@38: as someone who made their living for a number of years bartending in both countries I have to say that I’ve never actually received a tip upfront in the US system and yet have had a drink bought for me in the first round of an evening in the English one.

40

Bill Tozier 11.10.10 at 12:37 pm

Living in a college town preserving one the largest archives of Anarchist literature in the world, I’m embarrassed to say I know very little about that movement, except maybe the Archduke Ferdinand thing, and some stuff about Sacco/Vanzetti.

But I’ve picked up enough snippets of history, here and there, to wonder at the thoroughness of the, I dunno… not just “blackening,” but perhaps erasing of our shared memory of that wide-ranging 19th (and 20th) century movement.

I’m just sayin’, having recently skimmed Voltairine de Cleyre’s essays on unhyphenated anarchism, that I’m surprised how topical—and unremarked—most of Anarchism is.

Then again, I’ve paid so little attention to political history, and less to theory, and was also brought up in the same Cold War post-colonial Social Studies framework SBJ was….

Maybe somebody who knows more can explain whether this collective amnesia might be salient, when we’re discussing the sort of mistakes SBJ has made?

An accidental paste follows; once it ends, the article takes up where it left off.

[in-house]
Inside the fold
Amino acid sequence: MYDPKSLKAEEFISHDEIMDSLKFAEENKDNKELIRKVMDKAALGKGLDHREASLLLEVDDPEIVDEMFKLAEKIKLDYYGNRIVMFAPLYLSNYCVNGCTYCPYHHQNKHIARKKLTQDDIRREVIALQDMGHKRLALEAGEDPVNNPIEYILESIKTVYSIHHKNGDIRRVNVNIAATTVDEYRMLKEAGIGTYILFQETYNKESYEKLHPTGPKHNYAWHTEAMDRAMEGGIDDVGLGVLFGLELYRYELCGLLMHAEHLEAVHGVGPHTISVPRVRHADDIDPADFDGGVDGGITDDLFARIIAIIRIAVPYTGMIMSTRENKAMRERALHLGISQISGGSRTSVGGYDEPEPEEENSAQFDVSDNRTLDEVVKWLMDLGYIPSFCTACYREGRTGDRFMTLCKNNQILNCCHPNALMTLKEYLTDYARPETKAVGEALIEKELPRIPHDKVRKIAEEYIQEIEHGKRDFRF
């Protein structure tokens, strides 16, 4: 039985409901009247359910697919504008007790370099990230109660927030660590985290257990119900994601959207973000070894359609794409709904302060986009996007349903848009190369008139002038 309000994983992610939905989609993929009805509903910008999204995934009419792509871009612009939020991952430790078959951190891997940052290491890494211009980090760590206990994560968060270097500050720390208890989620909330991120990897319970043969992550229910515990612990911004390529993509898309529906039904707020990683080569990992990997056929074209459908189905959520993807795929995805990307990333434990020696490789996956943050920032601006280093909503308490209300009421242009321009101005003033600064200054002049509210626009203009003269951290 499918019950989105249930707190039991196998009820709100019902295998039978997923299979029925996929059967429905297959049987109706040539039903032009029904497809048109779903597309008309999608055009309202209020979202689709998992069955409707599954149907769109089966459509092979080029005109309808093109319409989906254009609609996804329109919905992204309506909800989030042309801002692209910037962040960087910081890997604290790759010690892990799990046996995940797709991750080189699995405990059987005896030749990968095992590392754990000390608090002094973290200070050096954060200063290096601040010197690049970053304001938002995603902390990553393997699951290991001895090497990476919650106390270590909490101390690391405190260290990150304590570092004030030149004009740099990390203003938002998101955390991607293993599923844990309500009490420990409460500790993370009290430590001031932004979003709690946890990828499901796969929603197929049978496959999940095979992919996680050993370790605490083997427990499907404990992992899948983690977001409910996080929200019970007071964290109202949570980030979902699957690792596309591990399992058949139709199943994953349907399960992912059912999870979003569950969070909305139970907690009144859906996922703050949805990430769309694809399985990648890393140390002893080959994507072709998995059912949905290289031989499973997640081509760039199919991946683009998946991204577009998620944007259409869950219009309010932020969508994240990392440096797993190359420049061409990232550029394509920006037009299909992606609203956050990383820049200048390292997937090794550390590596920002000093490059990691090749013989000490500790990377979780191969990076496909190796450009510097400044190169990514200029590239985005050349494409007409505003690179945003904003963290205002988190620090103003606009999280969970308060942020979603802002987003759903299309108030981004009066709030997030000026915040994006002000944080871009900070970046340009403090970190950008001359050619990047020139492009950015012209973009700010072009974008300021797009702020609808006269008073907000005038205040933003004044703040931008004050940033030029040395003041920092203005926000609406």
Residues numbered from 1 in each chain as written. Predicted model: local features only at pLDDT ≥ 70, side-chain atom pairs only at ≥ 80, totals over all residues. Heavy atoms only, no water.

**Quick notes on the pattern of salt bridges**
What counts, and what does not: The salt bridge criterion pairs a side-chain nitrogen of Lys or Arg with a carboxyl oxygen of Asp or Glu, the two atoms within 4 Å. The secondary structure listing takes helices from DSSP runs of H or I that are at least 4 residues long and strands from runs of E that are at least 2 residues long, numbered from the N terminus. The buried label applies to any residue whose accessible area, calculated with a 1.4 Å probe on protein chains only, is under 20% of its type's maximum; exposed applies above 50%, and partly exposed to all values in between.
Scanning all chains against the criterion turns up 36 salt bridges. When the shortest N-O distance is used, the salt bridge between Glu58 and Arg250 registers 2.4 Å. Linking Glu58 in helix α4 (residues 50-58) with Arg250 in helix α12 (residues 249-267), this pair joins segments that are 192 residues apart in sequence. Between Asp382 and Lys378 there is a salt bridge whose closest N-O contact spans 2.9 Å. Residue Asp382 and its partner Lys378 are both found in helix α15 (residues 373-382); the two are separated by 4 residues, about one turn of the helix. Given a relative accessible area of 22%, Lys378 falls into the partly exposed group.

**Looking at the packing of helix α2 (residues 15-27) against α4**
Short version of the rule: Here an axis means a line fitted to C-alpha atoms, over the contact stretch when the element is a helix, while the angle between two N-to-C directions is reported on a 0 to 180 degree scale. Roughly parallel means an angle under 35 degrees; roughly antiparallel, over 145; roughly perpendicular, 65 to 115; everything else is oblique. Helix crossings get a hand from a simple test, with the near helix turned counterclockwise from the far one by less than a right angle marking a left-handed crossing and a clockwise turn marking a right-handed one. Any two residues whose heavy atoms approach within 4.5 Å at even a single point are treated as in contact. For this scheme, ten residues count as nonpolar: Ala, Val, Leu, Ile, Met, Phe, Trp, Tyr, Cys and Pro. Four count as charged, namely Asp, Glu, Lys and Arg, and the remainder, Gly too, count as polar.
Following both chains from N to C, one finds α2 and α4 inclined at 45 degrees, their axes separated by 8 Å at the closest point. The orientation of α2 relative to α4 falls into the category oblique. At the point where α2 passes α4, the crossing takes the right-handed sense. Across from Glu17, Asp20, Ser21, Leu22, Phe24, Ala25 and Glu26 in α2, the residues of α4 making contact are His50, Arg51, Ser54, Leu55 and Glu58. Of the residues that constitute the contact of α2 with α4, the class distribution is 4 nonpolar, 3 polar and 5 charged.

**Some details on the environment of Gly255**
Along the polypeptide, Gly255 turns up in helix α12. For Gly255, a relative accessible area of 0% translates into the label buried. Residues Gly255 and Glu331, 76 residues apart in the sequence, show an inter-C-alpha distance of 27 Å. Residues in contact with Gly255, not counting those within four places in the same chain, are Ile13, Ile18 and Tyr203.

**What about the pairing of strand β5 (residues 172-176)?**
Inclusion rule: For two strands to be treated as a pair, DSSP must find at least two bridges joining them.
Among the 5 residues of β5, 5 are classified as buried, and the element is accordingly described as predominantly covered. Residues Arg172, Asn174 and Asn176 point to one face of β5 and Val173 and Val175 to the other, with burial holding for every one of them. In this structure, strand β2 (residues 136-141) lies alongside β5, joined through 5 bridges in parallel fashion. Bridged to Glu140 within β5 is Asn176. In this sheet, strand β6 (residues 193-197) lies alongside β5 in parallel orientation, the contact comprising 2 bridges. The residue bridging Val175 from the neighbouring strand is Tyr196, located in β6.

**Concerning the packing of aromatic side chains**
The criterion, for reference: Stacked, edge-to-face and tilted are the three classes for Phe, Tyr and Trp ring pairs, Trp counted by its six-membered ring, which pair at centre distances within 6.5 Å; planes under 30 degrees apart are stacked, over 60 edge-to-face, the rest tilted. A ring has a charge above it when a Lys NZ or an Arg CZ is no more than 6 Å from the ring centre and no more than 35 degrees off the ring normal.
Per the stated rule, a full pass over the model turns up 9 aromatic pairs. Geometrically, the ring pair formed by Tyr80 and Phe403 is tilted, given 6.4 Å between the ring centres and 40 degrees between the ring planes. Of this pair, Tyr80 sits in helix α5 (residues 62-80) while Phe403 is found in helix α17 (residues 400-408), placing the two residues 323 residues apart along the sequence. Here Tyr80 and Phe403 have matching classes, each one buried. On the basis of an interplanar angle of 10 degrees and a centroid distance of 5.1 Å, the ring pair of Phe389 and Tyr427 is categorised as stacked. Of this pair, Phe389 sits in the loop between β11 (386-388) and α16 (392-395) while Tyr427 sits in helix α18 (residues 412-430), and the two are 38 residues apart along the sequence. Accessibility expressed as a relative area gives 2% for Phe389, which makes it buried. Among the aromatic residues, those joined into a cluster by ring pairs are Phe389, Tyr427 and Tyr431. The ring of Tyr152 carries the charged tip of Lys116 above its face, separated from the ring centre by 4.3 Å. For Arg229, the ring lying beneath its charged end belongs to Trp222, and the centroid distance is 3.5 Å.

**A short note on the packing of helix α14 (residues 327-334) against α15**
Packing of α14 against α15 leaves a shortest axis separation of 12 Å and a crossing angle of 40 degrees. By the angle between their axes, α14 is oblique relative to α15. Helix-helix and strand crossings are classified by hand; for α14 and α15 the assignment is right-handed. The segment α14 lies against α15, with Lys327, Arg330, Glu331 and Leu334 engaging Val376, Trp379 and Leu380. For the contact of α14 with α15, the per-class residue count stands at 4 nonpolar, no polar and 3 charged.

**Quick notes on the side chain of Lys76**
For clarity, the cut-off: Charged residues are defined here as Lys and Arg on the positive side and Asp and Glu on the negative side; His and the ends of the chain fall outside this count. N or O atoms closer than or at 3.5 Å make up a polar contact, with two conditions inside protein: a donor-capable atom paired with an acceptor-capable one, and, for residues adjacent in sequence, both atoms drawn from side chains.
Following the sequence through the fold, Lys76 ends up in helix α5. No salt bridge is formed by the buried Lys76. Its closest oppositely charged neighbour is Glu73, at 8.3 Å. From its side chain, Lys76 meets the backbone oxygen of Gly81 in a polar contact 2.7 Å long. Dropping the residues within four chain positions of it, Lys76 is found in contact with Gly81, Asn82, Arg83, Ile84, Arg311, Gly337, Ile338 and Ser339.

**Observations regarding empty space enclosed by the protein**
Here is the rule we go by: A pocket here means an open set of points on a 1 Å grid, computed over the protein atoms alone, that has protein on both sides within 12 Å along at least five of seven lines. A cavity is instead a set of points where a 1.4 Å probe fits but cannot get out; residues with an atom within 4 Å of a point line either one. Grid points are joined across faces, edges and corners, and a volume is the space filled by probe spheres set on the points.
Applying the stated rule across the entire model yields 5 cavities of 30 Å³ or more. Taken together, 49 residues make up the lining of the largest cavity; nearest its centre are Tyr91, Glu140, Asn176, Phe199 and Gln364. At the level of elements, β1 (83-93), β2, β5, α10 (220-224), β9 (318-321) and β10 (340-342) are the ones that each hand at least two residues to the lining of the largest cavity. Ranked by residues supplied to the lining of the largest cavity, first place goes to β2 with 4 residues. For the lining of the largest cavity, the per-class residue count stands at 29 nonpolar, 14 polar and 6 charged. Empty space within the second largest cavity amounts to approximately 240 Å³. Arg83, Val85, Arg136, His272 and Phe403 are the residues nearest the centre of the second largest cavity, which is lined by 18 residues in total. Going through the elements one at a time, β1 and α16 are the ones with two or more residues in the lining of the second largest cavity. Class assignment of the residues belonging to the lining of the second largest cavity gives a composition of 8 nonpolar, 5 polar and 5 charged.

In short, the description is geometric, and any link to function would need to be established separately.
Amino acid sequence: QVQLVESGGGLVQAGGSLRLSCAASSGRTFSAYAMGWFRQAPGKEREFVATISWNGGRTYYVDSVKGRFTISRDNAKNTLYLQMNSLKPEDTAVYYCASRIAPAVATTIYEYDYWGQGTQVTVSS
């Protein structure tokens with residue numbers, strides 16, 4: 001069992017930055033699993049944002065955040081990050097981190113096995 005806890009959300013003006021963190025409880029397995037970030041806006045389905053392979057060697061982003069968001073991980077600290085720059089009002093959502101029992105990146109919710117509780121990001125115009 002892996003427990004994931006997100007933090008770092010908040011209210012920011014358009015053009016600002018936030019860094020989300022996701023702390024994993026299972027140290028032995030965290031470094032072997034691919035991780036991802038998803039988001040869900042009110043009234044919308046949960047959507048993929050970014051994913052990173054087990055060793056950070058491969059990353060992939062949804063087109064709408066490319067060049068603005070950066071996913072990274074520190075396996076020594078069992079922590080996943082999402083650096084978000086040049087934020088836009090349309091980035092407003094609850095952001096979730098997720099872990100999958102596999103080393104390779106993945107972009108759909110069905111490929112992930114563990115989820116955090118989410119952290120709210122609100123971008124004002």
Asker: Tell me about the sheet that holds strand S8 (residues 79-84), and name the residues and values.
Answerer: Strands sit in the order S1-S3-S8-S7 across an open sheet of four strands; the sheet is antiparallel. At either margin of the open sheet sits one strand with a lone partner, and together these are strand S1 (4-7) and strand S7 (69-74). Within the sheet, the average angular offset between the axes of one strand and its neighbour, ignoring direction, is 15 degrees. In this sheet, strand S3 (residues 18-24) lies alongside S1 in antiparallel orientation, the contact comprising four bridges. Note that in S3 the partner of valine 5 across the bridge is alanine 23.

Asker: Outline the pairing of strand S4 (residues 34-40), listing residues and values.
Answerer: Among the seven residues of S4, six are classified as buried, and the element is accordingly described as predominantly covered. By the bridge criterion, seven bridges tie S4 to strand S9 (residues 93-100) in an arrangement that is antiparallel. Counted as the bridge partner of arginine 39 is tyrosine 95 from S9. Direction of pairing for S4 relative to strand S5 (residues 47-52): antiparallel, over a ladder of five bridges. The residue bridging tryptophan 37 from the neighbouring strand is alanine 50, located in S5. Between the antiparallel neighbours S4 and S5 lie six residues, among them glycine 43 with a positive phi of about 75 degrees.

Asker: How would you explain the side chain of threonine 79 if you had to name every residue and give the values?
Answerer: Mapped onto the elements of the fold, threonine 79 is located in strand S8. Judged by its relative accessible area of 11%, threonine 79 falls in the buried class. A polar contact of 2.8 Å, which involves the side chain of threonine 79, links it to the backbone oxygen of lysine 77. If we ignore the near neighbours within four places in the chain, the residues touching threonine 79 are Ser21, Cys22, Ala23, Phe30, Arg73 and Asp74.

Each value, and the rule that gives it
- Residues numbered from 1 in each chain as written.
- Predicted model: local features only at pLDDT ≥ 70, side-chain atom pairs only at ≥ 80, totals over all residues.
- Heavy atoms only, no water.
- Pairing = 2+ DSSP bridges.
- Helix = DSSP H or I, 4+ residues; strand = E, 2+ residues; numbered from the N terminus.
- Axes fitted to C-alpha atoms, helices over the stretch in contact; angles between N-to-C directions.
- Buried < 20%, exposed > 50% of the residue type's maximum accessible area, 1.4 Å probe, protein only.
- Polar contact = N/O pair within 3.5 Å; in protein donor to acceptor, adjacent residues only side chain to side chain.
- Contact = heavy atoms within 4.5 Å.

You know, I’m just hoping the professional historians among us here might spell out the right version of who’s what and how to tell. Like a checklist.

41

Bill Tozier 11.10.10 at 12:40 pm

[And yes, that preceding was one part wry and one part honest. What isn’t?]

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Phil 11.10.10 at 2:09 pm

As far as I’m concerned, there’s a right way and a wrong way to read Marx. Wrong is to start with the Communist Manifesto, skip to the end and read the bit about immediate post-revolutionary tasks while keeping Lenin and Trotsky in mind. Right is to start with the Theses on Feuerbach, then get Capital and start reading at chapter 1 of book 1. You’ll rapidly realise this isn’t the author of How To Impose Dictatorial Control Over Society For The Good Of The Proles (But Only In The Short Term… Well, Short-*Ish*, If You Know What I Mean). (Neither’s Lenin, if I’m going to be really honest, but the gulf between Marx’s work and that rather common characterisation is much, much wider.)

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bianca steele 11.10.10 at 2:39 pm